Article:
2015-Spain. 106 min. Color. Widescreen. Written and directed by Fernando León de Aranoa. Novel: Paula Farias (“Dejarse llover”). Cast: Benicio Del Toro (Mambrú), Tim Robbins (B), Olga Kurylenko (Katya), Mélanie Thierry, Fedja Stukan, Eldar Residovic.

Trivia: Spanish title: Un día perfecto.

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Sicario: Beyond the Border


sicarioCanadian director Denis Villeneuve’s first American film, Prisoners (2013), wowed some critics who labeled it a masterpiece. I thought its running time and some convoluted aspects of the script prevented it from brilliance, but was still impressed. Villeneuve’s second American film (after a Canadian-Spanish detour called Enemy, also released in 2013) is more of a knock-out though. Are we witnessing the rise of Hollywood’s next great director of thrillers?

When the FBI hit a seemingly quiet suburban house in Arizona near the border they’re in for a grisly surprise – the walls are stacked with dozens of rotting corpses. Another incident at the house leaves two cops dead. Agent Kate Macer (Emily Blunt) is hired as part of an operation involving several agencies; although realizing that she’s partly kept in the dark, Macer agrees when the agent in charge, Matt Graver (Josh Brolin), tells her that this is a chance to really accomplish something, to go after the cartel figures who are responsible for the violence at the border. When Macer flies out to a military base together with Graver, she’s also introduced to a man called Alejandro (Benicio Del Toro) who reveals very little about himself. Soon, they and a military team are headed across the border to Ciudad Juárez to collect a captured, well-connected cartel member…

Bold, conspiratorial idea
The word “sicario” means “hitman” in Mexico and is a clue to Del Toro’s character, a shady figure whose purpose and motivations become clear in the film’s second half. We’ve previously seen Taylor Sheridan as an actor on various TV shows, especially Sons of Anarchy, but this is his first produced screenplay and it’s quite impressive, offering intricate plotting that doesn’t get too complicated, as well as a bold, conspiratorial idea behind Matt Graver and Alejandro’s mission that is fanciful but still cynically plausible, at least in this context. It’s a very dark, intense look at the problems on the border between the United States and Mexico, one that won’t make you feel like taking a holiday trip south of the border. The drug issue was successfully depicted by Steven Soderbergh in Traffic (2000), which also starred Del Toro, and there have been comparisons between these films. But Sicario is a more straight-forward thriller that doesn’t have room to portray American families who are affected by the drugs; it does however offer a glimpse of what the conflict does to regular Mexican families in Juárez. Villeneuve and Sheridan’s approach is brutal and Blunt, in an excellent turn, becomes our witness to an absurd and very frightening situation. There are times when the tension is almost unbearable, especially in the opening sequence and the first visit to Juárez. Brolin and del Toro offer great support as the oddly charismatic but frustratingly mysterious people Blunt has to rely on. As in Prisoners, Villeneuve also gets first-rate help from cinematographer Roger Deakins who takes advantage of the border’s vast desert landscapes. The director also creates a perfectly timed rhythm for the tension; just when we think the movie is about to hit a lull, it’s merely a segue to another intriguing sequence.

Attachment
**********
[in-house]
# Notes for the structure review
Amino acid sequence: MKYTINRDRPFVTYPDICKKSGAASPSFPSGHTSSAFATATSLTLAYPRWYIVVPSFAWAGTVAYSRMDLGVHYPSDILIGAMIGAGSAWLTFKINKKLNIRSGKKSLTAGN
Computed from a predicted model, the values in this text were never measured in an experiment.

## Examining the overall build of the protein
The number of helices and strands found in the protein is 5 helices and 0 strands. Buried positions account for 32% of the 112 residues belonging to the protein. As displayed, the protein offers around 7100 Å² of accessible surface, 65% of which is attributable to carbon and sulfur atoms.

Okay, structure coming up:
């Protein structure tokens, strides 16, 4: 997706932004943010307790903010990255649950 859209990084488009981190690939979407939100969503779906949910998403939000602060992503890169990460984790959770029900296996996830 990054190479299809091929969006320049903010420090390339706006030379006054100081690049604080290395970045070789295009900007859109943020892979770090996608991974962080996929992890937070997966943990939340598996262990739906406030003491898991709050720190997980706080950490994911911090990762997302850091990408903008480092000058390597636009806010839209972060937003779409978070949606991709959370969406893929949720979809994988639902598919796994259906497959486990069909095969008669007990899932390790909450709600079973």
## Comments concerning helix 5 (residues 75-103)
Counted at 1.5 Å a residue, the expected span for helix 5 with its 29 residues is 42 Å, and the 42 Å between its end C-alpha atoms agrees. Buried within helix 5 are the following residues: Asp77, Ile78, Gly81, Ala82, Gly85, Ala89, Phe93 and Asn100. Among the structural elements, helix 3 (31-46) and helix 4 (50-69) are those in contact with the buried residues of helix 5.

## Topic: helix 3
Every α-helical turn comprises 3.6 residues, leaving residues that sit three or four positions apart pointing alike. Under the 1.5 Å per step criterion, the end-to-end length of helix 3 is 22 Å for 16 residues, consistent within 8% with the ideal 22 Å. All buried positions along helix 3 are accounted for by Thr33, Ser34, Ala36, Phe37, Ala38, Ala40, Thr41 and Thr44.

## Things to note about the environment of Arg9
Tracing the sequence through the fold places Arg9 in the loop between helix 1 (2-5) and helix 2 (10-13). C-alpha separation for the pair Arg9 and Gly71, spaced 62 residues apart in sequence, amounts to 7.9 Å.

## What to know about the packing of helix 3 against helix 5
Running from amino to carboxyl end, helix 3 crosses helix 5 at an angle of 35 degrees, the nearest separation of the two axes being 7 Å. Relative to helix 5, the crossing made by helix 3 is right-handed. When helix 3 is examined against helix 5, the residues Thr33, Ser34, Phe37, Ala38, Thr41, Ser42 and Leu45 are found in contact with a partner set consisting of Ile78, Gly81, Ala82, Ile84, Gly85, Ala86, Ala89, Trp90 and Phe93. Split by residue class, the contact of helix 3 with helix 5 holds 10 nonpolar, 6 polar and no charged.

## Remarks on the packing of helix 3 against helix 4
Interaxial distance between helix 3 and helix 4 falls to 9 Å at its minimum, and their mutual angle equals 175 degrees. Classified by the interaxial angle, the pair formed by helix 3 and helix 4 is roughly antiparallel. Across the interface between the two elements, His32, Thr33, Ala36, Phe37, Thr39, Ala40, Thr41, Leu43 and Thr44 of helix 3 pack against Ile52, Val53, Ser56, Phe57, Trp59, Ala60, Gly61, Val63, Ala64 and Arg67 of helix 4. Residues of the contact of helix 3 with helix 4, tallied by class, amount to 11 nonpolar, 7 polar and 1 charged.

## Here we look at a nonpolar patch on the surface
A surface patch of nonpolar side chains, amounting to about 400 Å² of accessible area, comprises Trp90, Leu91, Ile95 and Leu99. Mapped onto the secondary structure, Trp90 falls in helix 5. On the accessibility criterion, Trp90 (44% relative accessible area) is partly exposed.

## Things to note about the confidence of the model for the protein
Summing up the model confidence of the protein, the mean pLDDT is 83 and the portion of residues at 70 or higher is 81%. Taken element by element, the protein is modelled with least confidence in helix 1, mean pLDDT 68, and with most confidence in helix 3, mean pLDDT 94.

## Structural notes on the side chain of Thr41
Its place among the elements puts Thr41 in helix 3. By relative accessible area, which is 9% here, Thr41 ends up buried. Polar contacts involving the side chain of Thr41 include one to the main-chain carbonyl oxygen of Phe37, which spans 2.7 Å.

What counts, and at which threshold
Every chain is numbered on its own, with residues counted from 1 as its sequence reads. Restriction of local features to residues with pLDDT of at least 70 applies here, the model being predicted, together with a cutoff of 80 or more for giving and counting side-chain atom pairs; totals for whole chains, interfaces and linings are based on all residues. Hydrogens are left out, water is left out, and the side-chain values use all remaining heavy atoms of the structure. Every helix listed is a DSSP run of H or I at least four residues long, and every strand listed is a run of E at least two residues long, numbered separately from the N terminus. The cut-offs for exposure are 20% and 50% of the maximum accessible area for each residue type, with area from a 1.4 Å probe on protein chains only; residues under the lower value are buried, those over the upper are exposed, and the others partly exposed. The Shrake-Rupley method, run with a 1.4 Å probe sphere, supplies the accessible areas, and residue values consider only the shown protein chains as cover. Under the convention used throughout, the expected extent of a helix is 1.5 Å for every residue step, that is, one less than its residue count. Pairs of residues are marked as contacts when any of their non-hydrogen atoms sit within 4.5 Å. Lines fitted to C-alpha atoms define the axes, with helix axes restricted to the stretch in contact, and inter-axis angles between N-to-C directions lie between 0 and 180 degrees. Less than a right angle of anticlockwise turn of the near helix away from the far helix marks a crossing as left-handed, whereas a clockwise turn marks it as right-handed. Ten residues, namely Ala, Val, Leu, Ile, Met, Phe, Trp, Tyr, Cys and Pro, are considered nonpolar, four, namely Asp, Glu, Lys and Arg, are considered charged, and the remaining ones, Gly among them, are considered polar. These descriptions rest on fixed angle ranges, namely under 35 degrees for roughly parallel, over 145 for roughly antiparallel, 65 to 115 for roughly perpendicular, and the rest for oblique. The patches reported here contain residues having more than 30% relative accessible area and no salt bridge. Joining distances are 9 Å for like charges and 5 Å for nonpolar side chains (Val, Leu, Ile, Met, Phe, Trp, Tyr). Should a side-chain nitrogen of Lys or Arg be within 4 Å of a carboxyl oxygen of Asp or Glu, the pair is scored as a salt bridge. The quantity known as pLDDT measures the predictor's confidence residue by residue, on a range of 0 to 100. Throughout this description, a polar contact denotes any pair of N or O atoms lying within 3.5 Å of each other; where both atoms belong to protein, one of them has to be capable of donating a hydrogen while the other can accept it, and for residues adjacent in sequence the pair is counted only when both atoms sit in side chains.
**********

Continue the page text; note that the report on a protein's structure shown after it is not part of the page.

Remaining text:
Incendies (2010) and Sicario have a lot going on beneath the surface, especially the first one. But they also have in common its director’s amazing skill at how to propel a movie forward. Villeneuve has been mentioned as a candidate for a sequel to Blade Runner (1982). Not a huge fan of the first movie, I’d still say that he has what it takes. After all, the one thing the first movie lacked was tension.

Sicario 2015-U.S. 121 min. Color. Widescreen. Produced by Basil Iwanyk, Thad Luckinbill, Trent Luckinbill, Edward McDonnell, Molly Smith. Directed by Denis Villeneuve. Screenplay: Taylor Sheridan. Cinamatography: Roger Deakins. Music: Jóhann Jóhannsson. Cast: Emily Blunt (Kate Macer), Benicio Del Toro (Alejandro), Josh Brolin (Matt Graver), Daniel Kaluuya, Jon Bernthal, Victor Garber.

Last word: “The movie is about America … how America fantasises that it can solve problems beyond its borders, and about the collateral damage that results … and the legality and moral issues around that … It’s a movie that deals with idealism and realism and the tension between both … It takes place on the Mexican border, but it could have just as easily have been set in Afghanistan or the Middle East or various countries in Africa. In North America, we allow ourselves to do things that other countries can’t afford to.” (Villeneuve, The Guardian)

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Inherent Vice

inherentviceIn 1970, hippie private eye “Doc” Sportello (Joaquin Phoenix) looks into several events that are connected to the disappearance of a wealthy real estate developer in California… The first screen adaptation of a Thomas Pynchon novel is true to its labyrinthine, energetic style. A special kind of audience will love its freewheeling attitude, the visual solutions and the eclectic soundtrack, but most will find the complicated (read pointless) plot too much of a snooze. A saving grace is the cast, especially Phoenix who’s very funny as the hippie detective, and Josh Brolin as a crew-cut cop.